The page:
That wasn’t so much a rant but more a peek into our lives. It’s not a rant because we love it. We love that we get to do this. Our role is so simple and also so complex. Yes, it’ll be different for pastors in different contexts. I’m aware of the time, role, culture, and context in which I serve. So this isn’t a complaint to make anyone feel sorry for pastors, but it is meant to shed light. Pastors know full well when answering and accepting the call and beautiful burden of ministry. Pastors do love their people and their church – I dare believe some pastors may literally die for them. We have counted the cost, but that doesn’t make it easy.
No matter what we our job description is, there’s another unspoken expectation that underlines it all – we’ve been entrusted with making the ministry the best that it can be. It’s a double edged sword, really. It’s a great attitude to have, but an impossible goal to achieve. After all, how do you know if something is the “best” that it can be? When is it ever enough? How many hours does it take to make something the “best”?
As a pastor, I’ll let you in on a little secret. While we battle the “Messiah Complex” (the temptation to believe we’re the savior to others), most of us don’t really care about our image. If we wanted it to be about us, we’re really in the wrong line of work. Most of the time, we’re concerned less about how you view us, but more how you’ll view God and how your walk will be if we fail. It’s actually not only the workload we struggle with, it’s the weight of the call. We care whether you love and know God or not. We’re worried about your soul. That’s where the pressure comes in. We all have responsibilities at our jobs, but I firmly believe the pastor’s responsibility is unique. No words can explain the weight of taking care of someone’s soul every week. Whether directly through interaction or indirectly through what our churches and leaders offer, we feel responsible for you. No words can explain the gravity of how it feels when every word and action flowing through you has the potential to tip someone in or out of the Kingdom. That’s pressure. That’s difficult. The stakes are high. This is what gets at our heart. We’re trained to never settle and to keep pushing forward. The pastorate isn’t all fun and games and singing “kumbaya” around the campfire at camp. Yet no matter the difficulties, we still hang on and believe fully “it’s worth it.” Why? Simply because Jesus said so on the Cross – and Jesus is my boss.
Yet, it’s so difficult to be confident in our calling while fully knowing our own inadequacies. We know our brokenness and shortcomings all too well. Then once in awhile, we swing to the other side, becoming so ignorant and proud by believing we’re fully adequate. Both are dangerous. Both result in the same: Pain, brokenness, burnout. But there’s a better way, and it’s in the way of the story of God. He chooses to use the meek to shame the strong. (1 Cor. 1:27) He says “my power will be made perfect in weakness” because His grace is sufficient. (2 Cor. 12:9) God’s light is to shine through the cracks of our brokenness. We need to embrace and face our brokenness even though people see our role as a position of strength.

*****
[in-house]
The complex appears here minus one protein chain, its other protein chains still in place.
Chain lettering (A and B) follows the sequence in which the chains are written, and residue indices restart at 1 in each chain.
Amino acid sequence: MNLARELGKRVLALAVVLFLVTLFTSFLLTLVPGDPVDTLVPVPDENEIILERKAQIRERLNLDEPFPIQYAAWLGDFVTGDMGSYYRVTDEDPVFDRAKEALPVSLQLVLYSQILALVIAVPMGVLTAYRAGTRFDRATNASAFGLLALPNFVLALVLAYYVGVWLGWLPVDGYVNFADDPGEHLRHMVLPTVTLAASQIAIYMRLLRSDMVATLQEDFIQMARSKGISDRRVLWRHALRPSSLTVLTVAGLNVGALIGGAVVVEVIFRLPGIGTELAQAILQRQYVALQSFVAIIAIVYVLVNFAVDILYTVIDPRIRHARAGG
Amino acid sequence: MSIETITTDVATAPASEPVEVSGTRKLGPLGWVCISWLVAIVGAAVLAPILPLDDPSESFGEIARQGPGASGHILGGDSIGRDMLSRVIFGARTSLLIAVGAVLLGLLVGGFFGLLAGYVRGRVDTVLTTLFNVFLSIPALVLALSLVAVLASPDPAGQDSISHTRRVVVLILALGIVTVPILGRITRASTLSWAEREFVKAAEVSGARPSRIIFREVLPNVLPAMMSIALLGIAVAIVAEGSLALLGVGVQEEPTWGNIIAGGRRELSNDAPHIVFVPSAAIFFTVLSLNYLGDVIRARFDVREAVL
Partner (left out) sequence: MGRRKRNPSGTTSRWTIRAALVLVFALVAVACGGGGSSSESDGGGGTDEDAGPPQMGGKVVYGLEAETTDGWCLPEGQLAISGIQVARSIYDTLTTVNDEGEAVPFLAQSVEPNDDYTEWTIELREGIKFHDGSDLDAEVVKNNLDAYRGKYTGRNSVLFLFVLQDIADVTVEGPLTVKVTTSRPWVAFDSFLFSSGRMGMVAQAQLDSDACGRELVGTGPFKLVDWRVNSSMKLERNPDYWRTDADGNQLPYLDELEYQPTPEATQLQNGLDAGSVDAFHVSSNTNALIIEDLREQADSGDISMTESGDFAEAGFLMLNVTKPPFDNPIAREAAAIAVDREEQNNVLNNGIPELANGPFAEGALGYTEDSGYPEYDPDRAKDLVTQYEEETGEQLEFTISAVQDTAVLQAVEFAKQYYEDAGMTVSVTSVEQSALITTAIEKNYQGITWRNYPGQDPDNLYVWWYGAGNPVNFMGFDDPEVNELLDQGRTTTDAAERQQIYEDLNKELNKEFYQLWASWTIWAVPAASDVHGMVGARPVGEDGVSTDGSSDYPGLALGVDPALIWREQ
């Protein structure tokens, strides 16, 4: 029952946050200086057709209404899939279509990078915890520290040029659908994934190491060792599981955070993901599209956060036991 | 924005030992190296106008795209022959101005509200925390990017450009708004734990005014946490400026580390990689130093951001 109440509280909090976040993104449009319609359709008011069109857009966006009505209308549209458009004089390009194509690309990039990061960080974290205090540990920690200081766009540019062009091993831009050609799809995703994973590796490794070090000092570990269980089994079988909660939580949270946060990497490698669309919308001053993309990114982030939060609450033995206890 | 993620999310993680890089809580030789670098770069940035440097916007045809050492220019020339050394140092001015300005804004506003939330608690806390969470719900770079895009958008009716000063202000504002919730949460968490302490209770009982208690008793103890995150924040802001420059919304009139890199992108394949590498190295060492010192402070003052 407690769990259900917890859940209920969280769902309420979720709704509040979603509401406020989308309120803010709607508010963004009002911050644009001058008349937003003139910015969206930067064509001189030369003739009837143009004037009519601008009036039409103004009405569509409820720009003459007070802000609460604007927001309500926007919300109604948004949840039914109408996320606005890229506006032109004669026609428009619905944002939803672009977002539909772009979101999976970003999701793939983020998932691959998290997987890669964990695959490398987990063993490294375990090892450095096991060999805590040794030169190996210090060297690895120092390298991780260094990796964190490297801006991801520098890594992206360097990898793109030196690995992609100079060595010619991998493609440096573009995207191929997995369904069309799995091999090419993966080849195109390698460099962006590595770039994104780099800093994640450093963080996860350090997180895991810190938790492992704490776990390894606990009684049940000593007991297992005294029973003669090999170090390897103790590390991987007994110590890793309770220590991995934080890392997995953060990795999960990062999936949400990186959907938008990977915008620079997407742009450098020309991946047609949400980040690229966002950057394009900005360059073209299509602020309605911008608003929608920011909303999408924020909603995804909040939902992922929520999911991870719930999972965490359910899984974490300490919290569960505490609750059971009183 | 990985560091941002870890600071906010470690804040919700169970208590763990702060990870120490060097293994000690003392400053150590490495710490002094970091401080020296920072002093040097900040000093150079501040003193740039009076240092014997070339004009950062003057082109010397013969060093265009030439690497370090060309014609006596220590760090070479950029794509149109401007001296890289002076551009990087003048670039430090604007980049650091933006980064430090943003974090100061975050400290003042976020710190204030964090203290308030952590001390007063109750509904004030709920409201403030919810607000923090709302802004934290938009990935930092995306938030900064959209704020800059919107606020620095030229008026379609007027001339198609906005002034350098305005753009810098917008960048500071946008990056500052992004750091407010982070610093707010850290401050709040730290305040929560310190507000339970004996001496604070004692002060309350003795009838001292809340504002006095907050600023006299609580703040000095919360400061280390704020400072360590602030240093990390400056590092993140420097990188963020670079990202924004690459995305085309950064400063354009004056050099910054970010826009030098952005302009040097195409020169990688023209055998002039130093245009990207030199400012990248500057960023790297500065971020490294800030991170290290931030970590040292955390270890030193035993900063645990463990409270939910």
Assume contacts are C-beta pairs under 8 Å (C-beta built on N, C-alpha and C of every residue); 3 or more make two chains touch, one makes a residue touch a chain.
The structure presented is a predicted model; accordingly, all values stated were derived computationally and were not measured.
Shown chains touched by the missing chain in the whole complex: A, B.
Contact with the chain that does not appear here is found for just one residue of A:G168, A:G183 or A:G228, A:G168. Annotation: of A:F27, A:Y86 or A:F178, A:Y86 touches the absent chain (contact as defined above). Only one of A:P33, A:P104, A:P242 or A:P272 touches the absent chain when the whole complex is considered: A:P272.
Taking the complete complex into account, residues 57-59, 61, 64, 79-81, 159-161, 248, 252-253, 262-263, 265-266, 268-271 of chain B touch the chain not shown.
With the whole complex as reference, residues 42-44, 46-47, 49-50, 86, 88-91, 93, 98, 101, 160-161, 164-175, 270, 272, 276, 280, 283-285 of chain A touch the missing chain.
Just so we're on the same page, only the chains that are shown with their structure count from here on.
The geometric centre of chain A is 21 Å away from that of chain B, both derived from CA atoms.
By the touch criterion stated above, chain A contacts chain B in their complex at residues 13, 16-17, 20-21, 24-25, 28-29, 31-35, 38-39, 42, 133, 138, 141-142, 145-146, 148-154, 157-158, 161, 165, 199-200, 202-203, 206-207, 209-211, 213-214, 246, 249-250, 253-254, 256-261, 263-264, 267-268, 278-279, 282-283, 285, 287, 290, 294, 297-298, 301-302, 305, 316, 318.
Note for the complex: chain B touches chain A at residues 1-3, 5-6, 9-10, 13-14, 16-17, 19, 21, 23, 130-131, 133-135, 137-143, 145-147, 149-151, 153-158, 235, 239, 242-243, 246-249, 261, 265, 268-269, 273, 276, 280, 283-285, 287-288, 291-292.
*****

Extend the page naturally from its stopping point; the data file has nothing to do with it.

If you’re a pastor or ministry leader, hear this: it’s not on us. It’s all God. You may feel like it’s on us, but it’s not. Feelings can be deceiving. People may tell you that it is, but it’s not. Our call comes from God and not man. I know you know that. But I know you also need to hear it again – because I do. In a swift world of chaos, that’s the only stillness God has promised us in ministry. Our union with Christ is all we got. We need that engrained into our hearts. We need to be reminded of this time and time again. Talk to people that you trust, but talk to God even more. Be thankful for people who care for you. Trust your leaders and share your burden. How come? Because Satan is after your heart. He goes after your heart with feelings of pride, insecurity, jealously, impatience, hate. He wants to take it, destroy it, and embed it with lies with either selfish sufficiency or Godless inadequacy. You might even start thinking your sheep are against you. Satan wants the Church to turn on each other. Fight that thought because we’re all on the same team. We’re all one body – whether we act like or not. Underneath the tones, the words, the criticisms, choose to believe people want what’s best.
As David Paul Tripp writes in his book Dangerous Calling (highly recommended),
“We have forgotten that pastoral ministry is war and that you will never live successfully in the pastorate if you live with the peacetime mentality. Permit me to explain. The fundamental battle of pastoral ministry is not with the shifting values of the surrounding culture. It is not the struggle with resistant people who don’t seem to esteem the Gospel. It is not the fight for the success of ministries of the church. And is not the constant struggle of resources and personnel to accomplish the mission. No, the war of the pastor is a deeply personal war. It is far on the ground of the pastor’s heart. It is a war of values, allegiances, and motivations. It’s about the subtle desires and foundational dreams. This war is the greatest threat to every pastor. Yet it is a war that we often naïvely ignore or quickly forget in the busyness of local church ministry.”
So pastor, how’s your heart? This is the question I face every day (and if I forget, my wife is sure to ask). When you’re expected and so used to giving, taking and receiving seems unnatural. But that’s the only way to battle against the callousing of our hearts. Learn to receive as much as you give. Most important remember: “Pastor” is your role, not your identity. We need to wrestle everyday with how the successes or failures in our ministry do not define who we are as children of God. In ministry, we are people and children of God first, and pastors second.
This is part 1 of 2 of a response to questions I have received on this topic. The next post will address the tough questions I’ve received regarding: Is suicide a sin? Do Christians who commit suicide go to heaven?